#### Answer

$5\sqrt[3]{3}$

#### Work Step by Step

$\bf{\text{Solution Outline:}}$
To rationalize the given radical expression, $
\dfrac{15}{\sqrt[3]{9}}
,$ multiply by an expression equal to $1$ which will make the denominator a perfect power of the index.
$\bf{\text{Solution Details:}}$
Multiplying by an expression equal to $1$ which will make the denominator a perfect power of the index, the given expression is equivalent to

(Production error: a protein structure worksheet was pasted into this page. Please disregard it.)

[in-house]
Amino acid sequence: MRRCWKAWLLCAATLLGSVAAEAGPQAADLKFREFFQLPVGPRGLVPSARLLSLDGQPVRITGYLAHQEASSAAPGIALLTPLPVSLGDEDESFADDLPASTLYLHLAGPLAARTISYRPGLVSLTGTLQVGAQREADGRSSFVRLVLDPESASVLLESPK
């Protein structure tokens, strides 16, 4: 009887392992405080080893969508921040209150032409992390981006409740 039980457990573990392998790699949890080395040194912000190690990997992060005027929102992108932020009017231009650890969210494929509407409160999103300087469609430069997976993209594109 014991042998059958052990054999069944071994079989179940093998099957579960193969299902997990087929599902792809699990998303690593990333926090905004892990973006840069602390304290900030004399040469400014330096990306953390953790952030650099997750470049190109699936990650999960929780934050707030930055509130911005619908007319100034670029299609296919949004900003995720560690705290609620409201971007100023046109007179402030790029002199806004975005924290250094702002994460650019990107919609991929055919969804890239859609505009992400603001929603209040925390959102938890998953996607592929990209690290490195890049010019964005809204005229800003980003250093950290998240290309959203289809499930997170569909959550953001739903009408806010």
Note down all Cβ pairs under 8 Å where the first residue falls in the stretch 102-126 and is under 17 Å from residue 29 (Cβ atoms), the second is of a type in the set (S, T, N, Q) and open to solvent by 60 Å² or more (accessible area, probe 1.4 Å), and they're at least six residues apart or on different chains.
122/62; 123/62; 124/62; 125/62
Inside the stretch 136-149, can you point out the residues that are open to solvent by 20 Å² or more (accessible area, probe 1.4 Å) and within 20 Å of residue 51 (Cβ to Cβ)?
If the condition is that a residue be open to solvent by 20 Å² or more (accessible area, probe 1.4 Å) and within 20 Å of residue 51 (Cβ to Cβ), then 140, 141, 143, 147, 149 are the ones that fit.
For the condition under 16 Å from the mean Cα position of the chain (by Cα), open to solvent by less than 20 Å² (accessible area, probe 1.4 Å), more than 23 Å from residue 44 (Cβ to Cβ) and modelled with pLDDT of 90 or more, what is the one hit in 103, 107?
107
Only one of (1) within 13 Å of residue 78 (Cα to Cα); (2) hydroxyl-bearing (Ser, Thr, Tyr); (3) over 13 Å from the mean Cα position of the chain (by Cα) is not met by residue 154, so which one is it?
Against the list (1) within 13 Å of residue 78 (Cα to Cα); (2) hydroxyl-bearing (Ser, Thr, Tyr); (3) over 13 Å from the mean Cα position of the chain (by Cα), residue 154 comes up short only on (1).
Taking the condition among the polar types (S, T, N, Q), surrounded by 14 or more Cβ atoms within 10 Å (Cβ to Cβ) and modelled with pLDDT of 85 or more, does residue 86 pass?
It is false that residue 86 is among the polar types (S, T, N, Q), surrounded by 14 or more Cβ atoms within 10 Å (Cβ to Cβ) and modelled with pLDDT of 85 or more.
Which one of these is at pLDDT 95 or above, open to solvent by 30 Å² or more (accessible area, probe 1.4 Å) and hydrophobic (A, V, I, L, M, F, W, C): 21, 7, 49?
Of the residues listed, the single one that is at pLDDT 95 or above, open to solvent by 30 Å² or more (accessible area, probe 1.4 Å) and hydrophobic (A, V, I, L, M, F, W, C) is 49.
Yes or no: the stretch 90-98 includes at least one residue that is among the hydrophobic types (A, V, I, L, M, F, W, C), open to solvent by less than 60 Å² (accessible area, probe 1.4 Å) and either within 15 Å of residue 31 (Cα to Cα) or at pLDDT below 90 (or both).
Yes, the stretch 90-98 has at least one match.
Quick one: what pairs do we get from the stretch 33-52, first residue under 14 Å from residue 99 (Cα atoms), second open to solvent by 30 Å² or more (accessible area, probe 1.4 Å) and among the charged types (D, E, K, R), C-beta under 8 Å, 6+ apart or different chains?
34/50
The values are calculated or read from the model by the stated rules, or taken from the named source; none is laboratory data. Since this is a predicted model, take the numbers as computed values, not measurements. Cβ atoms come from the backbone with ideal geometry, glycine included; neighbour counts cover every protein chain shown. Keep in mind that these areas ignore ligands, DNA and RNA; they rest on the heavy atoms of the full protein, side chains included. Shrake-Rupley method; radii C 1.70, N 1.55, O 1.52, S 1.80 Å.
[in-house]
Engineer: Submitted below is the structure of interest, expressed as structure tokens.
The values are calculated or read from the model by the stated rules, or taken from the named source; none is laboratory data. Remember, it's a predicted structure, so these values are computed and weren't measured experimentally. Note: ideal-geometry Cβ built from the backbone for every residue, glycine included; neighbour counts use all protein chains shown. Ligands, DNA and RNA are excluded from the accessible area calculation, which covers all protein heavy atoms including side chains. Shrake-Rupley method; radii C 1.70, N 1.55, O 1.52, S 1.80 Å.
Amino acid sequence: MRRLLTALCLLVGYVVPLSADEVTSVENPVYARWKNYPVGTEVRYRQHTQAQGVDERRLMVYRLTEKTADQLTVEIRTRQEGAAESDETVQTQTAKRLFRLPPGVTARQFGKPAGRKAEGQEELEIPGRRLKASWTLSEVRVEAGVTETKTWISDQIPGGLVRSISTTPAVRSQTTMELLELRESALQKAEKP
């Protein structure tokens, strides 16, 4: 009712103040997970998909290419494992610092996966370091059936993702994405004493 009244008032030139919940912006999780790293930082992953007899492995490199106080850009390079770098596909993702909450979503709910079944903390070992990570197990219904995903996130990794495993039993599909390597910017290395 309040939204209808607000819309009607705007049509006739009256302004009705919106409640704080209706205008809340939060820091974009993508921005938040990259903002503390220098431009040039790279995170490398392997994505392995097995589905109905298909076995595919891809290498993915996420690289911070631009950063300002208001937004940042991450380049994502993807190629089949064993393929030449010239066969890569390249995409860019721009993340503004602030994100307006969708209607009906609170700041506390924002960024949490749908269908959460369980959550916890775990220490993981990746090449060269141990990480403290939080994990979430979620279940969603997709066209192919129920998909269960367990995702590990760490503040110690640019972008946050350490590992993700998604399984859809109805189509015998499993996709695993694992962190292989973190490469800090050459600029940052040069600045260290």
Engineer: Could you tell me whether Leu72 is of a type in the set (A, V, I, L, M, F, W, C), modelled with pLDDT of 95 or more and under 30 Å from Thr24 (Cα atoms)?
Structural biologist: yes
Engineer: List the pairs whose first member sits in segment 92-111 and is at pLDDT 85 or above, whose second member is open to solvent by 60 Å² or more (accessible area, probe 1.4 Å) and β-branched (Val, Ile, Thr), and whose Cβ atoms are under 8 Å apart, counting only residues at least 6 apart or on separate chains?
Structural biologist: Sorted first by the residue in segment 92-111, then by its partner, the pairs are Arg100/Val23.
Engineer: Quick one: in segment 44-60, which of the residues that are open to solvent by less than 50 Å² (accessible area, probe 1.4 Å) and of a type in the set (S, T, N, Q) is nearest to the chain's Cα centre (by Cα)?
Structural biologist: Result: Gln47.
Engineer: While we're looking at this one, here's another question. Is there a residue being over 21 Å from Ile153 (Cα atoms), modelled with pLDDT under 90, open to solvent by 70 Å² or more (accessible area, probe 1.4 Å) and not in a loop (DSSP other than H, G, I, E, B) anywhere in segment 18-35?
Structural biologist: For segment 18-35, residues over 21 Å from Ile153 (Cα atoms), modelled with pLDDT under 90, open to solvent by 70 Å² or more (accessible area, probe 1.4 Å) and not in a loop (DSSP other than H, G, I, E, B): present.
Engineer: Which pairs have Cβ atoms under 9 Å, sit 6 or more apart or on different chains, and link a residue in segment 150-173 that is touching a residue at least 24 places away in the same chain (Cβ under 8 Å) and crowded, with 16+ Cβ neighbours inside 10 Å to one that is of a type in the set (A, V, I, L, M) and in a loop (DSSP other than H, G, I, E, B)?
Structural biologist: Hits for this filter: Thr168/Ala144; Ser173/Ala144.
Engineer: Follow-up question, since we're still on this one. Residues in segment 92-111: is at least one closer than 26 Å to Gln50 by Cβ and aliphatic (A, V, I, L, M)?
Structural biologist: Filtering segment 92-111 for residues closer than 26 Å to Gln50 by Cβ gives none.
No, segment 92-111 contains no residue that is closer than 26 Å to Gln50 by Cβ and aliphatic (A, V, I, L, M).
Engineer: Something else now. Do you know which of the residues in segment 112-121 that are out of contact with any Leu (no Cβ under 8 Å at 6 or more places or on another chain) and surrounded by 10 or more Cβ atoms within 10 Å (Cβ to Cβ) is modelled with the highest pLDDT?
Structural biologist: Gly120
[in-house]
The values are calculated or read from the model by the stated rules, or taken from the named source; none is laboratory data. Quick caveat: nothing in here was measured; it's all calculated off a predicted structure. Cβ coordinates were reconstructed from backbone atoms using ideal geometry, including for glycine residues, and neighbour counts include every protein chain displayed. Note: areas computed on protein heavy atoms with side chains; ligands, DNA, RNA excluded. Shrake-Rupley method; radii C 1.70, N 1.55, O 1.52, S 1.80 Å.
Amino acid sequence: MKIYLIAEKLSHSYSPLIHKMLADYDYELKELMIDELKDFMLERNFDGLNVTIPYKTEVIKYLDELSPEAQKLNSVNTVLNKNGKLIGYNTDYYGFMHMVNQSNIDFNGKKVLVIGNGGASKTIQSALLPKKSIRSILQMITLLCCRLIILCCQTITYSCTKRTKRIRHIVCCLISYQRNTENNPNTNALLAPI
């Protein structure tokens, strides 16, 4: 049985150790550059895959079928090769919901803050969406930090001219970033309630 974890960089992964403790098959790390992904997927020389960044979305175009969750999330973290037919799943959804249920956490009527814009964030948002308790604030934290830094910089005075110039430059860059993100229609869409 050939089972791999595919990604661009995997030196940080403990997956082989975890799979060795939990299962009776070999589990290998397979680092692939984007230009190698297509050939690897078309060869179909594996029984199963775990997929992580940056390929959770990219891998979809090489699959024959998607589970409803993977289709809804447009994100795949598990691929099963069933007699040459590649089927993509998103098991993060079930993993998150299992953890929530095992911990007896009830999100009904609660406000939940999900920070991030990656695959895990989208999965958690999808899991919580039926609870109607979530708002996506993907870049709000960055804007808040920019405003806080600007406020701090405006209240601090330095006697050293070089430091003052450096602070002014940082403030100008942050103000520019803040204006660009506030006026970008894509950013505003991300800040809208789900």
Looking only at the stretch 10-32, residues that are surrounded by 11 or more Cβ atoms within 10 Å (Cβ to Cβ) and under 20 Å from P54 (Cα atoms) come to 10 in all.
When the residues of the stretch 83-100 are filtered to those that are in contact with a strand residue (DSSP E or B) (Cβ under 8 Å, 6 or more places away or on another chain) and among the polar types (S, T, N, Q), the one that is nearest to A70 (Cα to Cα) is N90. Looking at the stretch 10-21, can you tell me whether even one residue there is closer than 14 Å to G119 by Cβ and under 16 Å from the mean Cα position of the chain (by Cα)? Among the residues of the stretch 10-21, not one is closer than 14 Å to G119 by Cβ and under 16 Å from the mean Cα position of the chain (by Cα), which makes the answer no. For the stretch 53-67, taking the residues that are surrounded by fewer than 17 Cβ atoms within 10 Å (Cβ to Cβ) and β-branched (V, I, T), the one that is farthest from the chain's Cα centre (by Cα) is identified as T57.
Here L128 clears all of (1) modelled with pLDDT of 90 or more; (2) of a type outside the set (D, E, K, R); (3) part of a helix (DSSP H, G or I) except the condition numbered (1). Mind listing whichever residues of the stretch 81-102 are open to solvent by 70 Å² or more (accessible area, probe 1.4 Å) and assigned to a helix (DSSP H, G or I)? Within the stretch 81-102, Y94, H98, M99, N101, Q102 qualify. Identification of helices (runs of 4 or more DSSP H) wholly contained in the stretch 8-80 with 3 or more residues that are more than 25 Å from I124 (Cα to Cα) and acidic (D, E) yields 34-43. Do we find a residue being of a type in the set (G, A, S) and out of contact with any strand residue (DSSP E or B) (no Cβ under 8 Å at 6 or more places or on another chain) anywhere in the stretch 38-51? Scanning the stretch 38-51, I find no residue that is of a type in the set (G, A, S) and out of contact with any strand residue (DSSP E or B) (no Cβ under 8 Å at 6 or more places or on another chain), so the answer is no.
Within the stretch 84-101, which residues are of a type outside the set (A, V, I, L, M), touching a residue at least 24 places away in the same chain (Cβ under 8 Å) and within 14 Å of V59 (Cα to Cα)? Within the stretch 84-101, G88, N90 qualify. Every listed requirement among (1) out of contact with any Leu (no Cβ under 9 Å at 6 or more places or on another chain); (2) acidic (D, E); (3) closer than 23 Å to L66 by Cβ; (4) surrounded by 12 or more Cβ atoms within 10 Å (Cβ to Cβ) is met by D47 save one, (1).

\begin{array}{l}\require{cancel}
\dfrac{15}{\sqrt[3]{3^2}}
\\\\=
\dfrac{15}{\sqrt[3]{3^2}}\cdot\dfrac{\sqrt[3]{3}}{\sqrt[3]{3}}
\\\\=
\dfrac{15\sqrt[3]{3}}{\sqrt[3]{3^2}(\sqrt[3]{3})}
.\end{array}
Using the Product Rule of radicals which is given by $\sqrt[m]{x}\cdot\sqrt[m]{y}=\sqrt[m]{xy},$ the expression above is equivalent to\begin{array}{l}\require{cancel}
\dfrac{15\sqrt[3]{3}}{\sqrt[3]{3^2(3)}}
\\\\=
\dfrac{15\sqrt[3]{3}}{\sqrt[3]{3^3}}
\\\\=
\dfrac{15\sqrt[3]{3}}{3}
\\\\=
\dfrac{\cancel{3}(5)\sqrt[3]{3}}{\cancel{3}}
\\\\=
5\sqrt[3]{3}
.\end{array}